Ronn Pineo analyzes the besetting problems and limited advances of public health care in Valparaiso, Chile from the mid-nineteenth century to the 1920s. Pineo brings together a wealth of details regarding city services, hospital facilities, epidemic disease, and infant mortality. The analytic punch of his essay comes at the end, when he ties the port city's meager record of urban reform to the institutional paralysis of the Chilean national government. Noting the immense wealth generated by mineral exports in these years, Pineo uses international comparisons to underscore the social cost of Chile's oligarchic apathy, which structurally weak workers' movements were unable to challenge until the very end of the period of study.
Sam Adamo provides a detailed review of evidence regarding trends in housing, nutrition, and mortality in Rio de Janeiro between 1870 and 1930. Adamo is particularly concerned about documenting the plight of the city's Afro-Brazilians, who became proportionately worse off over time as the conditions facing elites and European immigrants improved more rapidly. Afro-Brazilians were increasingly marginalized by the preferential employment and educational opportunities offered European immigrants, while at the same time elite racism made the miserable situation of the (disproportionately nonwhite) under- and unemployed seem inevitable. One wishes Adamo had carried his discussion further on this point. After all, as David Parker demonstrated for the case of Lima, official racism and medical activism need not be mutually exclusive. Yet in the case of Rio, racial ideology, immigration policy, and the practice of public health came together in such a way that cariocas dreaming of national progress found it all too easy to turn away from the city's favelas and gaze out towards the Atlantic instead.
The nation of Panama tends to slip through the cracks of academic geography. The isthmus has apparently been too U.S.-dominated to be legitimately Latin American, yet remains no more than a footnote to U.S. history. Thus, the inclusion in this collection of Sharon Phillipps Collazos' chapter on the development of Panama City and Colon between 1850 and 1930 is to be applauded. Her essay makes clear that these, the Canal's terminal cities, were not exceptional but rather quite comparable to the other Latin American cities covered here, in their rapid growth through immigration (by West Indian workers), in the importance of direct foreign investment, and in their sensitivity to the international economy.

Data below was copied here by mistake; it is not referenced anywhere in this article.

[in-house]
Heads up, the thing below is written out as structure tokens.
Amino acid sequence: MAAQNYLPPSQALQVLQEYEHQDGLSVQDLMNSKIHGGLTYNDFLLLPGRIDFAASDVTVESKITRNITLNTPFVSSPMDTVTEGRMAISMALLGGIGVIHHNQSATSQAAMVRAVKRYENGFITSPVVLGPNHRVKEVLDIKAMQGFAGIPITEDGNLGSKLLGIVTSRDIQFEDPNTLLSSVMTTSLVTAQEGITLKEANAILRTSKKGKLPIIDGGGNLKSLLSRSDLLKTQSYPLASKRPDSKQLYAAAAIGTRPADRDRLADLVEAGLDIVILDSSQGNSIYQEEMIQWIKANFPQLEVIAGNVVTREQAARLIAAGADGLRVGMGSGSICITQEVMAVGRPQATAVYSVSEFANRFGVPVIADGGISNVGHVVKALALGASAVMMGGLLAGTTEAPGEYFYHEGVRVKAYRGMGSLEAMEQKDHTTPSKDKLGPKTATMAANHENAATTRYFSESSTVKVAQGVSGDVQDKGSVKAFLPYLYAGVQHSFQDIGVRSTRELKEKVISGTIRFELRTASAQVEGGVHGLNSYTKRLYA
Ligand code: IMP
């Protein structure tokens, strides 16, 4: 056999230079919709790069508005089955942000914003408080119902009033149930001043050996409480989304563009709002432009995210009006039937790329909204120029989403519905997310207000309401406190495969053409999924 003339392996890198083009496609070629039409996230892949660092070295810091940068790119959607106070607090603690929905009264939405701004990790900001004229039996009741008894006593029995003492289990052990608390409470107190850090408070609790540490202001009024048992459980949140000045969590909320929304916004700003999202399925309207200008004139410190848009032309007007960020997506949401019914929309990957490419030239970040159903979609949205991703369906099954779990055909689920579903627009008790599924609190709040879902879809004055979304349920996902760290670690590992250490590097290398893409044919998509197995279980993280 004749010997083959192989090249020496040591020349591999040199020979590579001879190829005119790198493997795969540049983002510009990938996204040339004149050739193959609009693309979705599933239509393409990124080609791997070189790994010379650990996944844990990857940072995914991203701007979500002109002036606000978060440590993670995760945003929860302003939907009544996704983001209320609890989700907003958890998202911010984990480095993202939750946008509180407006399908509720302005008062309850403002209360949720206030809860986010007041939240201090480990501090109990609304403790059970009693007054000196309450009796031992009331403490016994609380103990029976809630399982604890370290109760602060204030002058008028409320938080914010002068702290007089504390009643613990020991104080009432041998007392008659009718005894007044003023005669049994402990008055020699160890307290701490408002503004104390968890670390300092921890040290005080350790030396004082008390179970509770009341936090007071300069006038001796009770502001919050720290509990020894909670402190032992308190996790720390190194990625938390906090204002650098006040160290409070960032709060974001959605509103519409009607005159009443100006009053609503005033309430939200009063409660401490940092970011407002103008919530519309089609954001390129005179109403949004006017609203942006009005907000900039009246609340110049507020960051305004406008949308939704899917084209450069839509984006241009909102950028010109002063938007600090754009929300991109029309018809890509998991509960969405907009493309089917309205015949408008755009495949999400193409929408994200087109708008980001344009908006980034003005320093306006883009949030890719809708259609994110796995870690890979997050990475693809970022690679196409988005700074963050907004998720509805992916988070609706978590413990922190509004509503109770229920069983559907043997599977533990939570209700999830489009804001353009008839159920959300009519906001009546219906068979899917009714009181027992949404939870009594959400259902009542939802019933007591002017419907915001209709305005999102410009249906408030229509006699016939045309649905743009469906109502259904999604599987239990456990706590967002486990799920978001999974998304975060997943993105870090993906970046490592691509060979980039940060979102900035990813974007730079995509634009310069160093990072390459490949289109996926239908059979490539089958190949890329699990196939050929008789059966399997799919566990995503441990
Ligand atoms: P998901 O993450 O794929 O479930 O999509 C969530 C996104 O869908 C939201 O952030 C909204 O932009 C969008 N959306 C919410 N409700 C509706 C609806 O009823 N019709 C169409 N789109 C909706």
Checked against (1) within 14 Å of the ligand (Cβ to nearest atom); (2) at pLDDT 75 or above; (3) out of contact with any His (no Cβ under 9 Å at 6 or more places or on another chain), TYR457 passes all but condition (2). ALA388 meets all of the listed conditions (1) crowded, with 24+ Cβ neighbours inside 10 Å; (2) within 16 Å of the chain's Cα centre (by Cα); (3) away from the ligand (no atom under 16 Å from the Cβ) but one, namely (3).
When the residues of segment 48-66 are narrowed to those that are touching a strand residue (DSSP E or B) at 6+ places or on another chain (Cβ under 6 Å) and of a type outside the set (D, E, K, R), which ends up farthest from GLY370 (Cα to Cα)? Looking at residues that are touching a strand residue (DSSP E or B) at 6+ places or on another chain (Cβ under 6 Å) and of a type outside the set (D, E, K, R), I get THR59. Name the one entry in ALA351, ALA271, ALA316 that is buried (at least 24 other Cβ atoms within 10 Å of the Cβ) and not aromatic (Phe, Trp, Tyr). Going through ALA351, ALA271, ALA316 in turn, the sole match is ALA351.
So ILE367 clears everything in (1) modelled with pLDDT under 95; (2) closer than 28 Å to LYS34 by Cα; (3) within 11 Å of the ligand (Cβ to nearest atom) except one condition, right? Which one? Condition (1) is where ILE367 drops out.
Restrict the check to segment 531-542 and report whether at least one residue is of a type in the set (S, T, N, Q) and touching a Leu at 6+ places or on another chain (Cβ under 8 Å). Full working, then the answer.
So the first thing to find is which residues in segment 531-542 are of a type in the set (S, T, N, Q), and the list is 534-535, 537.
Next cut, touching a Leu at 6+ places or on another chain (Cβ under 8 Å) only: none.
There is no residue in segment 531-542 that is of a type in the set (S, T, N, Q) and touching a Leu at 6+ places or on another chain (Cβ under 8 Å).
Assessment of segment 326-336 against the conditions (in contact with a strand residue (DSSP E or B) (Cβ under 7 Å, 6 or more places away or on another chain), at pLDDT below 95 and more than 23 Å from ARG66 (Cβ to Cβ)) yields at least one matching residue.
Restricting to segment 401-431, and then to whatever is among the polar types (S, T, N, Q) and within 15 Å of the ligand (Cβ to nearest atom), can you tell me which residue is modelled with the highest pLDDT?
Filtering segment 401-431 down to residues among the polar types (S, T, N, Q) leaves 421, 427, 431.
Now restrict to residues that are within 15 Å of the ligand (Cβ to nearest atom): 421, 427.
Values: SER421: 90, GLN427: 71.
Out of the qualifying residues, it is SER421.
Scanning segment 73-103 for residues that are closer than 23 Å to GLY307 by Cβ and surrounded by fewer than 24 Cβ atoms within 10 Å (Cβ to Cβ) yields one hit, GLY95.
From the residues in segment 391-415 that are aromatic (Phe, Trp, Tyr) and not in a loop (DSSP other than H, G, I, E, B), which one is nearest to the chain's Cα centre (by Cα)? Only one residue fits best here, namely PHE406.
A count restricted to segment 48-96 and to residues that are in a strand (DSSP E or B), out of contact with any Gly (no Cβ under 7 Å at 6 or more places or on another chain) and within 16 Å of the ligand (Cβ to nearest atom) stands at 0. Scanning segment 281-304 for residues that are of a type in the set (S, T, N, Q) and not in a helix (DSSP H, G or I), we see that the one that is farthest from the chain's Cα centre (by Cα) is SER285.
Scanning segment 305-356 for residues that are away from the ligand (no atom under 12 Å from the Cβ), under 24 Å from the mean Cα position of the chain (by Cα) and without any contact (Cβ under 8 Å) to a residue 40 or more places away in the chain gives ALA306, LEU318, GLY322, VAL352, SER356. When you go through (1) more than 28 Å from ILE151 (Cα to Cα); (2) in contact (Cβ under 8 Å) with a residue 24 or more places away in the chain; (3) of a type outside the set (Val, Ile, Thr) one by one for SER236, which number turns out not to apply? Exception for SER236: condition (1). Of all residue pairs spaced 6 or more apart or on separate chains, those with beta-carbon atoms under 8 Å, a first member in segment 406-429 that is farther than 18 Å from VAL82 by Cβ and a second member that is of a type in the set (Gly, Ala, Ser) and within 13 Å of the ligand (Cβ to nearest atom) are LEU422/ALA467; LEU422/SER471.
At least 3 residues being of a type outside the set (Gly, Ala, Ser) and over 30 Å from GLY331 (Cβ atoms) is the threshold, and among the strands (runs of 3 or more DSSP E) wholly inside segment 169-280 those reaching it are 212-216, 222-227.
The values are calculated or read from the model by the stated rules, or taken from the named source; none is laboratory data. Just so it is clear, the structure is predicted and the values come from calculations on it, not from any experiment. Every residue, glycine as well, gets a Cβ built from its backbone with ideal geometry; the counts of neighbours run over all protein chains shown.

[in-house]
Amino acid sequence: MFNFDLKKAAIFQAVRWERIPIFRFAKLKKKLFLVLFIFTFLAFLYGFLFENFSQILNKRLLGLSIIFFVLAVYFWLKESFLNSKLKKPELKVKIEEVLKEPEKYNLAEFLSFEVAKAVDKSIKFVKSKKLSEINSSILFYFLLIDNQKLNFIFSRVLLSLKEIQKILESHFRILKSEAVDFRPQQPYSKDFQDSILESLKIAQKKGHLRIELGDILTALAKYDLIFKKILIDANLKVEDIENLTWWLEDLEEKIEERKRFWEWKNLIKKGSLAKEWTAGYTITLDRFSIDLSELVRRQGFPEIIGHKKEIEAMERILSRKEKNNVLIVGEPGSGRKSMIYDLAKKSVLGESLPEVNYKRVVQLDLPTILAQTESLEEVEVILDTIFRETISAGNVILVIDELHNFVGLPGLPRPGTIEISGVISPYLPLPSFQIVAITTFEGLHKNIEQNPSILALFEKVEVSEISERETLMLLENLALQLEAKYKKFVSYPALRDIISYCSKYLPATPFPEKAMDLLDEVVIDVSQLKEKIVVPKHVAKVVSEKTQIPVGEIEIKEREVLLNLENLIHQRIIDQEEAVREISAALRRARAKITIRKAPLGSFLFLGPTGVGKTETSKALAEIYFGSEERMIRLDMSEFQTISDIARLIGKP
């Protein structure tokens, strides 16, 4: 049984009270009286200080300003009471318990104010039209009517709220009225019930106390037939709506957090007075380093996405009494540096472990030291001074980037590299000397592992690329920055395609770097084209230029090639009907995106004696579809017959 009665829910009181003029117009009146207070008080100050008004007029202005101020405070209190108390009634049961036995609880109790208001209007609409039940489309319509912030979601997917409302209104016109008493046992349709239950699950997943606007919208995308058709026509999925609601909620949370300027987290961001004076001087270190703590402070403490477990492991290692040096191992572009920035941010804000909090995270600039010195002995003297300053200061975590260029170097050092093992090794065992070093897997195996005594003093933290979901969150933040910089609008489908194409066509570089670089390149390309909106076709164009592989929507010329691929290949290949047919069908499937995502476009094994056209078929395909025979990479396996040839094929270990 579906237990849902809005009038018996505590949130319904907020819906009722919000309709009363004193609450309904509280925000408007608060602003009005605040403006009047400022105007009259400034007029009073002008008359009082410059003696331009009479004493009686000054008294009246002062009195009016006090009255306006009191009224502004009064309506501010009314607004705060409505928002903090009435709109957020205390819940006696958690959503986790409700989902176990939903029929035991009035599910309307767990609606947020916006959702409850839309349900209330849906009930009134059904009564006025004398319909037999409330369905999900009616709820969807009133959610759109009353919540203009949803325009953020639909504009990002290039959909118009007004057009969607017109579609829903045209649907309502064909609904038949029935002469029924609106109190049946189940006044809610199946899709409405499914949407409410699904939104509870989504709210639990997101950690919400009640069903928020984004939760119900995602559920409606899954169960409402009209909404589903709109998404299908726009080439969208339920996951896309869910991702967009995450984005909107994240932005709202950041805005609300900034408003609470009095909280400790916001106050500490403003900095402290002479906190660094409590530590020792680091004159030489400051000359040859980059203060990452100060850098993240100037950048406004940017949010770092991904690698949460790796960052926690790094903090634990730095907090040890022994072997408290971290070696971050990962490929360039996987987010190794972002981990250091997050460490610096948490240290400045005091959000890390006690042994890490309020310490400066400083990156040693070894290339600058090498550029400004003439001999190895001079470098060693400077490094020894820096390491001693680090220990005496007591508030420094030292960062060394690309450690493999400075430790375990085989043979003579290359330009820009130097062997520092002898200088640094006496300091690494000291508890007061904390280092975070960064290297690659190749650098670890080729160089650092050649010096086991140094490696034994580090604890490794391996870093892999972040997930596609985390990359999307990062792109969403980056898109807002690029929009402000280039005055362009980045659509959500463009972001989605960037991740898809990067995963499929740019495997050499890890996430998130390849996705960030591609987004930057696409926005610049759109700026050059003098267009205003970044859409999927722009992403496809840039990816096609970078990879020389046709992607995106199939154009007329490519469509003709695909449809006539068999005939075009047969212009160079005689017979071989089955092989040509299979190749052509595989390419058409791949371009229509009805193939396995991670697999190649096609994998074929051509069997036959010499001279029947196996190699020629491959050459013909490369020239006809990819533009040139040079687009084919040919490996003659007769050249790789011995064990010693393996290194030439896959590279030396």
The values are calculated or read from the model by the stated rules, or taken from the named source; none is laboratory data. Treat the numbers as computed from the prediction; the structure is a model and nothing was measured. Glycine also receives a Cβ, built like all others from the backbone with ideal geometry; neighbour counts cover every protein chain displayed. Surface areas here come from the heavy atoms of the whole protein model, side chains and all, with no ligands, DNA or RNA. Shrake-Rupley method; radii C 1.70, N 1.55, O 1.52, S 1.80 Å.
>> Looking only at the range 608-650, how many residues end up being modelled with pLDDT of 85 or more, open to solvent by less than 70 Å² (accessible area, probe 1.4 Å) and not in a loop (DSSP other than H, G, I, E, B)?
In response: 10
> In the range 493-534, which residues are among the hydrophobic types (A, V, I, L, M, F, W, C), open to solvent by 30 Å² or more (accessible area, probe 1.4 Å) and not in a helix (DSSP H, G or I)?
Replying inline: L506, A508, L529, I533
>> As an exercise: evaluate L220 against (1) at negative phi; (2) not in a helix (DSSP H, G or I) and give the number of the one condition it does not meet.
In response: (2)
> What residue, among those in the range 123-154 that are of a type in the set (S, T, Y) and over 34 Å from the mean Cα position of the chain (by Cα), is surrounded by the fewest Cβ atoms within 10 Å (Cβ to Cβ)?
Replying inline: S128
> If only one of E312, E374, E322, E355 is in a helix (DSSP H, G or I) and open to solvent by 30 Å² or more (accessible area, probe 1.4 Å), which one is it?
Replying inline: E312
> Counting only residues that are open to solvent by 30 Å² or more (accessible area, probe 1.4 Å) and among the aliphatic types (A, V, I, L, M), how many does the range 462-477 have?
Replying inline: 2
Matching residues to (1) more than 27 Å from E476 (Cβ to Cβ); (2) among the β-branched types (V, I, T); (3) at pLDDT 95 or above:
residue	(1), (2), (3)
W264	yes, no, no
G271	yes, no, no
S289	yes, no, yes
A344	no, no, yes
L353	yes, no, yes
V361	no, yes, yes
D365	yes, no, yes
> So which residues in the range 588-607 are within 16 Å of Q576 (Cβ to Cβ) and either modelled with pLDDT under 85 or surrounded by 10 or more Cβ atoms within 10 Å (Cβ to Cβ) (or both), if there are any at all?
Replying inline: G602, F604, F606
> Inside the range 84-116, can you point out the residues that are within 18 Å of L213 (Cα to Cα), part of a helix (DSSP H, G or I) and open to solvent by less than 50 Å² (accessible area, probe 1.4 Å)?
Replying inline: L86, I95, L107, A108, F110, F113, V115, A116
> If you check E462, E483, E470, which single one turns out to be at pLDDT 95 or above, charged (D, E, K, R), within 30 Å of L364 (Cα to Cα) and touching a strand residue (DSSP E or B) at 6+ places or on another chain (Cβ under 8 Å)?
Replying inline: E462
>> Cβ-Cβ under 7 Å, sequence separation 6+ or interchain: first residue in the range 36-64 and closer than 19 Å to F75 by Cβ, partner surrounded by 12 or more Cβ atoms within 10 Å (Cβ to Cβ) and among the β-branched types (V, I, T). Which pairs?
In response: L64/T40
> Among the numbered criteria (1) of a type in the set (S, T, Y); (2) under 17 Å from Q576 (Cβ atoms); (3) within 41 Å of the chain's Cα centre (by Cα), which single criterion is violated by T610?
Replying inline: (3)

Unlike the preceding essays, this chapter is based almost exclusively on secondary sources. Collazos relies on two classics of national historiography by Omar Jaen Suarez and Alfredo Figueroa Navarro, respectively; on David McCullough's The Path Between the Seas; and on a handful of institutional histories of Panamanian labor. Collazos has done a fine job of synthesizing relevant information from these books. Yet the subtlety of her interpretation is necessarily limited by that of her sources. She is left with a "parasitic" Panamanian elite, a long-suffering workforce fatally divided by race and culture, and an omnipotent foreign power ready to stifle the slightest hint of unrest. The grievances and alliances which made possible West Indian-led strike of 1920, or the rent boycott of 1925, and the circumstances which undermined each await the detailed primary research which made possible Lear's and Wood's subtle accounts of similar conjunctures in Mexico City and Veracruz.
It should be clear from the above descriptions that as these investigators wander through the mean streets of early twentieth-century cities, they have resisted any temptation to take a "linguistic turn" off the straight and narrow of social history. In these pages we read more about the construction of hospitals than about the social construction of disease, more about community housing than about "imagined communities." With the exception of Parker's account of race and hygiene in Lima, these authors have largely eschewed the analytic techniques currently associated with "theory," whether in its discursive, cultural, critical, subaltern, or feminist varieties. That characteristic is likely to make this collection more of a resource than an inspiration for the present generation of graduate students. Yet the same characteristic will make the volume all the more accessible to non-specialists seeking comparative material on patterns of urban conflict and reform.
This volume offers solid research on important topics, presented in a straightforward way. That, combined with its well-designed distribution of case studies, should make it a natural for classroom use in upper-level undergraduate courses. Unfortunately, the $79.00 asking price of the hardcover edition makes this an impossibility. The Westview Press has no specific plans to issue a paperback edition in the near future. It is to be hoped that with encouragement from interested instructors, the publishers will change their minds. This well-crafted collection deserves a wide readership.
. A similar point comes across in Sidney Chaloub's account of the linked controversies surrounding slavery and disease in Rio in a somewhat earlier era: "The Politics of Disease Control: Yellow Fever and Race in Nineteenth Century Rio de Janeiro," JLAS 25 (1993): 441-463.
. Conspicuous by its absence is Michael Conniff's Black Labor on a White Canal: Panama, 1904-1981 (Pittsburgh, 1985).
Commissioned for H-Urban by Ronald Young <firstname.lastname@example.org>, Department of History, Georgia Southern University
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Lara Elizabeth Putnam. Review of Pineo, Ronn; Baer, James A., eds., Cities of Hope: People, Protests, and Progress in Urbanizing Latin America, 1870-1930.